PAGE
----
It is in that light, however, that we are compelled to register our concern that using REDD offset credits to meet California’s emissions reduction targets will weaken your state’s efforts to truly reduce CO2 emissions, will fail to protect tropical forests in ways that meet current best practices, and will lead to serious abuses of human rights and the rights of indigenous peoples.

Numerous experiences of existing REDD mechanisms and processes show that REDD initiatives, both project-based and national, are inefficient, ineffective, and lead to perverse outcomes. Given the volatile nature of carbon markets and the widespread potential for gaming, corruption, fraud, and perverse incentives that exist in these markets, REDD programs financed primarily or wholly through offsets, such as that proposed for California, will magnify all the problems we have already experienced with REDD.

Since the start of the Bali Action Plan, defined at UN COP 13 in December 2007, coming up with an international mechanism to deal with the Reducing Emissions from Deforestation and Degradation (REDD) program took a disproportional centralism in the UNFCCC, drawing the discussions away from the root causes of the climate crisis. At the global level, the REDD agenda is a concrete result of the illegitimate agreement at COP15 in Copenhagen, and the subsequent illegitimate agreement at COP16, Cancun.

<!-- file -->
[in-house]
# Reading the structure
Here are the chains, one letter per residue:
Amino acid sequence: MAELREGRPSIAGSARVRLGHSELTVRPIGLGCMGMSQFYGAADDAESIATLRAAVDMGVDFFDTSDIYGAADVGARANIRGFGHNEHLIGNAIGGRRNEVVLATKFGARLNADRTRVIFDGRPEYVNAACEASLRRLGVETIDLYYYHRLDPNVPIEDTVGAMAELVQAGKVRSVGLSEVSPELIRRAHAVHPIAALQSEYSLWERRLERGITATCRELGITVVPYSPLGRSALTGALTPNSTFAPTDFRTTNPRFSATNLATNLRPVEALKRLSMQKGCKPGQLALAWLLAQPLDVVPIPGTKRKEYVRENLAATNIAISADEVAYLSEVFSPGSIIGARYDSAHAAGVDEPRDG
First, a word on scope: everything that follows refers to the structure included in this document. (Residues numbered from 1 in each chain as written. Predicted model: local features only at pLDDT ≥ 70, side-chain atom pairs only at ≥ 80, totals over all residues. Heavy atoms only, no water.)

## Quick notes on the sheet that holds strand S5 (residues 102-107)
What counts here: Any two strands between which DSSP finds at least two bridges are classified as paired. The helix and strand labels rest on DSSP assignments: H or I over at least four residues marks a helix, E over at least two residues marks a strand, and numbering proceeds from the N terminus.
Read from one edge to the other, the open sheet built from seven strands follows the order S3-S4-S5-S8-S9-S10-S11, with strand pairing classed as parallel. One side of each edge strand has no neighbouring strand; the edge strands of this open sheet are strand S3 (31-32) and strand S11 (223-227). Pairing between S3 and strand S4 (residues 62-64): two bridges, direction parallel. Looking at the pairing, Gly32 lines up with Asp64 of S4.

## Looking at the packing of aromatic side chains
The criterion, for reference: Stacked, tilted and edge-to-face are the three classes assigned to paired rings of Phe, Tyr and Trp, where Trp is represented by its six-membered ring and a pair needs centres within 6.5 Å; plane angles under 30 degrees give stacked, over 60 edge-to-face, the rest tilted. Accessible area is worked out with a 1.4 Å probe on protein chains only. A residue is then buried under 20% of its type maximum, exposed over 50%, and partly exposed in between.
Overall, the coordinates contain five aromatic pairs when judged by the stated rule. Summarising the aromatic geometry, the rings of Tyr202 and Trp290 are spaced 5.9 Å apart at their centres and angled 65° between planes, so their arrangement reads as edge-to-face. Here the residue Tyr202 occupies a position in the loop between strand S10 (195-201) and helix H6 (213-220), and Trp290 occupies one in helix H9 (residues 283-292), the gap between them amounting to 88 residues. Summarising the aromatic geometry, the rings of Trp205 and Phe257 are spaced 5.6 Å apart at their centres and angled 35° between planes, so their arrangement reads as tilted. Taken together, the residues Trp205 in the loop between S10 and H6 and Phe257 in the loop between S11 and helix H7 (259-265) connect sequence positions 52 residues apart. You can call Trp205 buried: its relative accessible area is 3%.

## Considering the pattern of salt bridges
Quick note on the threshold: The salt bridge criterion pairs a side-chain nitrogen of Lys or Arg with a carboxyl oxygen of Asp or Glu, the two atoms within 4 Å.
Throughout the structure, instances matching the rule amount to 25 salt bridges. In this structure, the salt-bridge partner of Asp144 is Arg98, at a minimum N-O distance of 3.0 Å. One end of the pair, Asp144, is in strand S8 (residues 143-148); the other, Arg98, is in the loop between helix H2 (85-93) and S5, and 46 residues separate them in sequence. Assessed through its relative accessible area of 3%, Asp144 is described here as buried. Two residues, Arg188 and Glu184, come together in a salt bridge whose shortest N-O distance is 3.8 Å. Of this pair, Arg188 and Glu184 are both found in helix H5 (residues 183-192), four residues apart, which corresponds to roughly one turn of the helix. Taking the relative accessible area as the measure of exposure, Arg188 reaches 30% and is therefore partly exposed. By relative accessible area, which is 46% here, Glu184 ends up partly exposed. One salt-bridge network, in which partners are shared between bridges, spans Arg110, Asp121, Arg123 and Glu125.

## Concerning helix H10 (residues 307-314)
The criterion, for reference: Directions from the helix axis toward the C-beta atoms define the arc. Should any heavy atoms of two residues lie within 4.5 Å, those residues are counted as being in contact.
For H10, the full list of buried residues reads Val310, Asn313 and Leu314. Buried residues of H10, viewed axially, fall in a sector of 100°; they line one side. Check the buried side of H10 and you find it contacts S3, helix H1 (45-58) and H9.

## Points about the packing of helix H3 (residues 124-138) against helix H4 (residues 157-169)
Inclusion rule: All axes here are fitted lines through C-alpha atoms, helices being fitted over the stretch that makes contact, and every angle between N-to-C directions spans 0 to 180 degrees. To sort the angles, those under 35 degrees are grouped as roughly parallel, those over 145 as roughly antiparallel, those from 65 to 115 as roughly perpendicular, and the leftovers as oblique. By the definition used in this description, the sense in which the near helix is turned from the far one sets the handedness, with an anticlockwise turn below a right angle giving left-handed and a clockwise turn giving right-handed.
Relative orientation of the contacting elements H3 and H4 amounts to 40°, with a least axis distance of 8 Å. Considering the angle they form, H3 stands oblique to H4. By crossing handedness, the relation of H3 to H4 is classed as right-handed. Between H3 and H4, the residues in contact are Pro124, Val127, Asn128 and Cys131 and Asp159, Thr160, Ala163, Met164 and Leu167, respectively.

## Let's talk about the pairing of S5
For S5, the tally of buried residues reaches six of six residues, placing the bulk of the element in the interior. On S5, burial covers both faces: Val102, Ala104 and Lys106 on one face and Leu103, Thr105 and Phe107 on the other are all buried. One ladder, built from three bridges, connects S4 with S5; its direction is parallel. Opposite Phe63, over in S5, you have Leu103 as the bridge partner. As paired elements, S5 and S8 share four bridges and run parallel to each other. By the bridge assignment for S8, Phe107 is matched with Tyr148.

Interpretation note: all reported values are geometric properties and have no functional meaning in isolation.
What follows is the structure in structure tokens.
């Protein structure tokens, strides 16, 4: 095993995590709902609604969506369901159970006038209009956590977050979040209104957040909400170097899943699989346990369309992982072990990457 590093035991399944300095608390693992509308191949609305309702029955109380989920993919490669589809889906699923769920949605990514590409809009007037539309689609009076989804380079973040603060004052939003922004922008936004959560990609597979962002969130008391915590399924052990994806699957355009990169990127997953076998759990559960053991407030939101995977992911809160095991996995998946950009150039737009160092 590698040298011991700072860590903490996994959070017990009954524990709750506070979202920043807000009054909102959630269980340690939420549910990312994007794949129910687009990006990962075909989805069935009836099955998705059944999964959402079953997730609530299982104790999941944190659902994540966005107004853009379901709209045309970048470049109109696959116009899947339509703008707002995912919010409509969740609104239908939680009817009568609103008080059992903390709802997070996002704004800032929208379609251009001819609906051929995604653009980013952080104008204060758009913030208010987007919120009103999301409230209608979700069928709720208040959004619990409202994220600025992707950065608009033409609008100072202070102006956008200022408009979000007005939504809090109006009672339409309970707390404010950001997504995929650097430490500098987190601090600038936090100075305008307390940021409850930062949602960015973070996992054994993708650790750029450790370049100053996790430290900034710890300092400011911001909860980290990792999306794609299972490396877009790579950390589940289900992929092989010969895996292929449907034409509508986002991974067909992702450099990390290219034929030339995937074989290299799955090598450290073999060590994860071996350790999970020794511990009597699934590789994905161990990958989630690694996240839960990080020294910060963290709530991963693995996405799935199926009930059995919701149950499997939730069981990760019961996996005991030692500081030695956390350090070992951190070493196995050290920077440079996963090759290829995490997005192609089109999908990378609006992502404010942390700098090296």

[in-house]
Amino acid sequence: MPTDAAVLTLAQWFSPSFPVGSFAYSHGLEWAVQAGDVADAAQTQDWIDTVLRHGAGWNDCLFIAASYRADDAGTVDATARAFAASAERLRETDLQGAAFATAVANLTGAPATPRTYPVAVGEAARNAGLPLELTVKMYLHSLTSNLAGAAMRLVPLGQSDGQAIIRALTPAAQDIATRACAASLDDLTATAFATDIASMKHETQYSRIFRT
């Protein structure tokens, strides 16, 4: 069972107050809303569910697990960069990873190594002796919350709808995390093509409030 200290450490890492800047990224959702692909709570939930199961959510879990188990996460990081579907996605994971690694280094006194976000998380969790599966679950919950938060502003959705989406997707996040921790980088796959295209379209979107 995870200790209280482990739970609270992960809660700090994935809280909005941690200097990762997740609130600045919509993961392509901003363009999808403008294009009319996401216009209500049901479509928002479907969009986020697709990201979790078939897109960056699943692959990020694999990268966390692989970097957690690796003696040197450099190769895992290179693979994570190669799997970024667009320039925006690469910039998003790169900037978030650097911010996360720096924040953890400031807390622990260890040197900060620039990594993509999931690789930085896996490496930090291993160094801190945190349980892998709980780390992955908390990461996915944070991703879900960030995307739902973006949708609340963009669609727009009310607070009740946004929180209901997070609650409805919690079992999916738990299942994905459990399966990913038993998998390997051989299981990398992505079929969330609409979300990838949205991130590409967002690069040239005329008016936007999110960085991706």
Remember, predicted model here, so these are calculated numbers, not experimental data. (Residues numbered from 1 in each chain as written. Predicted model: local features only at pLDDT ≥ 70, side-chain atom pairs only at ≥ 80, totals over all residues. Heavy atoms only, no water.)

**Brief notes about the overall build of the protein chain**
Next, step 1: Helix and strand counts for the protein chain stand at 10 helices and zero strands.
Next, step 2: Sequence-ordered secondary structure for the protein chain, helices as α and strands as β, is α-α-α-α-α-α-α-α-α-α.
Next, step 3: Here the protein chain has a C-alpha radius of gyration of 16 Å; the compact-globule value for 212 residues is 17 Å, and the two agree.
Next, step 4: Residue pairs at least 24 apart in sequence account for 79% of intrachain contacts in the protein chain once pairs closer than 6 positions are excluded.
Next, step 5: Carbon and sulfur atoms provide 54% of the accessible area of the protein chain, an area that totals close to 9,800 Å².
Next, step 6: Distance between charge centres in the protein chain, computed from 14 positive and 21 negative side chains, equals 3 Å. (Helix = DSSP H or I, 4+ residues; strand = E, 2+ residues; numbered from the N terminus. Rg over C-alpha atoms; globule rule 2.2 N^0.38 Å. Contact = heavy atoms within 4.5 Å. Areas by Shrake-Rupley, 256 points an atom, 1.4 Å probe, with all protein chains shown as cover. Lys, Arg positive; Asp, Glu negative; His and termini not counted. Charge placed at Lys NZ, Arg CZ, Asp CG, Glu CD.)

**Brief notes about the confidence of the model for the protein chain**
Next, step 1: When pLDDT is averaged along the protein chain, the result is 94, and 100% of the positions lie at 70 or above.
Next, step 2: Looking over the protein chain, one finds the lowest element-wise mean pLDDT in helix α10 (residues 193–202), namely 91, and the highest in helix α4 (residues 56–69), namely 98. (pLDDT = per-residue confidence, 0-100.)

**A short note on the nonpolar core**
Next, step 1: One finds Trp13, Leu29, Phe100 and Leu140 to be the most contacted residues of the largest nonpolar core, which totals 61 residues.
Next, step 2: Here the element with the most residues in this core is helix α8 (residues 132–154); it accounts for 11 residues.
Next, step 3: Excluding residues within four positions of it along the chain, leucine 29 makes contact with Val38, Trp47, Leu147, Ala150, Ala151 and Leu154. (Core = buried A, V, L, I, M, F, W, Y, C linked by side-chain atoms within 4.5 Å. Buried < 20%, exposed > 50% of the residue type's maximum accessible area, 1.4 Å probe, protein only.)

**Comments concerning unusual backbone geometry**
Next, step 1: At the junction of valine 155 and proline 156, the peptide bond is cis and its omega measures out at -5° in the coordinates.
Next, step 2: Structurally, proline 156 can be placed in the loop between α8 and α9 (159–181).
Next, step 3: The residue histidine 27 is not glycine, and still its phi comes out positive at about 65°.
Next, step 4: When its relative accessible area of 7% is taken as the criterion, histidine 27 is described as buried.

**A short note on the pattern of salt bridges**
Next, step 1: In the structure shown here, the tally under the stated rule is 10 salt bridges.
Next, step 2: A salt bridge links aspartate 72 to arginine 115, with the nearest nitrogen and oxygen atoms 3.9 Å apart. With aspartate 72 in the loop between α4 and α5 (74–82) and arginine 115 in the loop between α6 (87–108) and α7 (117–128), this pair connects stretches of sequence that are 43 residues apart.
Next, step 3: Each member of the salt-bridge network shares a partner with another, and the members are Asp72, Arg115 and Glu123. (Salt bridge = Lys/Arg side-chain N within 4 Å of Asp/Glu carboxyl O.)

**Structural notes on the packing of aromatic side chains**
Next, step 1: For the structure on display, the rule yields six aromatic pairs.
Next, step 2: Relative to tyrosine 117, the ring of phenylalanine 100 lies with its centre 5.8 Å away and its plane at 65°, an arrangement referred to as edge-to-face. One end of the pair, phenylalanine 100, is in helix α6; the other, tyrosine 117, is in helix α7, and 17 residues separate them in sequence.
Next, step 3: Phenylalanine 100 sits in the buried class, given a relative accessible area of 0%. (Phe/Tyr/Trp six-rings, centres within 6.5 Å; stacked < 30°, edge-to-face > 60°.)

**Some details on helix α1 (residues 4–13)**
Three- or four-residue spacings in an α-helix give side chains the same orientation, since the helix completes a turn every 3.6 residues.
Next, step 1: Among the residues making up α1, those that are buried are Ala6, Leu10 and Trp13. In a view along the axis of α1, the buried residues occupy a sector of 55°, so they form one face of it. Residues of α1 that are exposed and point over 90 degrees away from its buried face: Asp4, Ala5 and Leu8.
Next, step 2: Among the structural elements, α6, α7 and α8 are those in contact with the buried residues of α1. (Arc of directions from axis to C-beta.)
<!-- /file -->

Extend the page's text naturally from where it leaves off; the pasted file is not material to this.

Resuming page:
In the view of Friends of the Earth Latin America and the Caribbean (ATALC), taking into account that deforestation represents between 12% and 20% of total emissions, using REDD programs to address industrial emissions in the global North means:

  • dangerously shifting industrialized countries away from the commitment to reduce emissions generated by burning fossil fuels, thereby not dealing with the structural and historic causes of the climate crisis;
  • shifting responsibility for the climate crisis to the countries of the South, which do not have historical responsibility for the crisis, and are also the most vulnerable to the impacts of global warming;
  • using the deforestation problem, which, while very real, is not the primary cause of the crisis, as a distraction from the root cause of the crisis;
  • denying the structural causes of deforestation – the over-consumption of resources by industrialized nations and a world trade regime that favors the North’s access to natural goods;
  • creating the foundations for a new cycle of market speculation based on speculative and compensatory carbon markets; these markets have a strongly negative impact on our countries and our communities by creating new privatization regimes, and increasing the access of markets to goods such as land, water and biodiversity, all of which threatens the protection and defense of our public and natural commons and the collective management of territories and resources by indigenous and traditional communities;